California community association attorneys, managers and others in the industry have differing opinions on how to properly and legally proceed with uncontested elections — elections in which the number of candidates is less than or equal to the number of board positions needed to be filled. Prior to 2020 when the election process and procedures were changed, the civil code did not expressly address voting by acclamation. Since 2020, the law has changed, permitting a vote by acclamation in narrow circumstances. Specifically, if an association is over six thousand units. We have heard that some attorneys are telling clients that they can still hold a vote by acclamation if their association has less than 6,000 units. We disagree.
The California Civil Code requires, despite contrary provisions in an association’s governing documents or election rules, that all board member elections, including uncontested elections other than for associations that are 6,000 units or more, be conducted utilizing secret balloting. Associations must abide by these statutory requirements, including holding an election meeting and counting the ballots even if the number of candidates running is equal to or less than the number of board positions to be filled.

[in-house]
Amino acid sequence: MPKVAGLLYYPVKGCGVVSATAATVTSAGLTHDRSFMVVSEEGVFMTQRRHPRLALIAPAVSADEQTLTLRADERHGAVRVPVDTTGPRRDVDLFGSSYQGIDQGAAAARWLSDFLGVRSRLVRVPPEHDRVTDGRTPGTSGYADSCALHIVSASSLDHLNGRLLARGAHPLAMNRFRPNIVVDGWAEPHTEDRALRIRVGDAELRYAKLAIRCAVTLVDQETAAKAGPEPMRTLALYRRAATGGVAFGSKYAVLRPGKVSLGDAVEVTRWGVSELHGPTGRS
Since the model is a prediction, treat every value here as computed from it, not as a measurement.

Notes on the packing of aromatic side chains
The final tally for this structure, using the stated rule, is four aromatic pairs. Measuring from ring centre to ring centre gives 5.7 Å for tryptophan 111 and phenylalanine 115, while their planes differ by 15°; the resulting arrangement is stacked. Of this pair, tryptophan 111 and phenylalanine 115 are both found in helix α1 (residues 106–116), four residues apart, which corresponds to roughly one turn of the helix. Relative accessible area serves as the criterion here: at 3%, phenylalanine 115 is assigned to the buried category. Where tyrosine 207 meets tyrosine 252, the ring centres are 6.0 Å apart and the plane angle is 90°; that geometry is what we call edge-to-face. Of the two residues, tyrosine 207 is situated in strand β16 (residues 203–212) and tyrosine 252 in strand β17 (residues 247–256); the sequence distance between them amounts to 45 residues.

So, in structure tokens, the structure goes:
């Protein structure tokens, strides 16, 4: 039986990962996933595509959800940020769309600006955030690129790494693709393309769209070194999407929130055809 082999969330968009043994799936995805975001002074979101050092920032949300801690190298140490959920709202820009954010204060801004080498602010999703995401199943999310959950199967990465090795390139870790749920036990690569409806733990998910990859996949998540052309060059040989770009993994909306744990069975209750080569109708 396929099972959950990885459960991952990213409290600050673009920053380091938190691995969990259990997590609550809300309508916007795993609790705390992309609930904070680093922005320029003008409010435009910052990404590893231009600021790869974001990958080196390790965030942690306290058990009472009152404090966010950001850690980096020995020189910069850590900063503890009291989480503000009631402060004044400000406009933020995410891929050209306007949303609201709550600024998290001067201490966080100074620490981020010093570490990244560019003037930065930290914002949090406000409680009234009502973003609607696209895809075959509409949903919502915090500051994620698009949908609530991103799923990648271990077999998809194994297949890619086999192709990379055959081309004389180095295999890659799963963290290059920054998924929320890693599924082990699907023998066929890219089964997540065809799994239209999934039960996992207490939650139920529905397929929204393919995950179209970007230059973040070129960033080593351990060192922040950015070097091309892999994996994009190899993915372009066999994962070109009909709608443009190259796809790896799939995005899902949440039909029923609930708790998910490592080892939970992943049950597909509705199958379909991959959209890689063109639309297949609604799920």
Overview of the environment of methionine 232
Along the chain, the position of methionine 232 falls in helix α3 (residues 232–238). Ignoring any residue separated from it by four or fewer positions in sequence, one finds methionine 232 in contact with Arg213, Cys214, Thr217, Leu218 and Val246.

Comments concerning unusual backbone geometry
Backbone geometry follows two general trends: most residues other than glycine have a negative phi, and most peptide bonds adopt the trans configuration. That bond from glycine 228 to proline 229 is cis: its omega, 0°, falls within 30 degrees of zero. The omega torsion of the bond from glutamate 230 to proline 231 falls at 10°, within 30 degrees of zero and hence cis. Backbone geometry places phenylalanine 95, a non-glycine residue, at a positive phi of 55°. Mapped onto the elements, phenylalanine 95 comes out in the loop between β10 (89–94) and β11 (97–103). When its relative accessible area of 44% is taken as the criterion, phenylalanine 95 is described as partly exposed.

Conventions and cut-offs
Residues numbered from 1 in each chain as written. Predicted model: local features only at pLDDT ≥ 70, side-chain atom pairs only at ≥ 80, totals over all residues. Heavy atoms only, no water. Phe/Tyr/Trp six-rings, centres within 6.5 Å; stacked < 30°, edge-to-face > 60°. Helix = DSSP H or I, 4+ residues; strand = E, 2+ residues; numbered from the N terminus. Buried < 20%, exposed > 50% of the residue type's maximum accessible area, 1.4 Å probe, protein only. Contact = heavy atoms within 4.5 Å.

The primary, and perhaps most legally sound reason for abiding by formal procedure requirements is the language found in CA Civil Code 5100, which states that “(n)otwithstanding any other law or provision of the governing documents, elections regarding…election and removal of members of the association board of directors….shall be held by secret ballot in accordance with the procedures set forth in this section.” Surprisingly, however, not all community association attorneys agree that the word “shall” is mandatory, requiring that associations hold an election when, in their opinion, deeming the board voted in by acclamation as appropriate. But, there is strong legal precedent to the contrary and association’s would be remiss to follow this advice.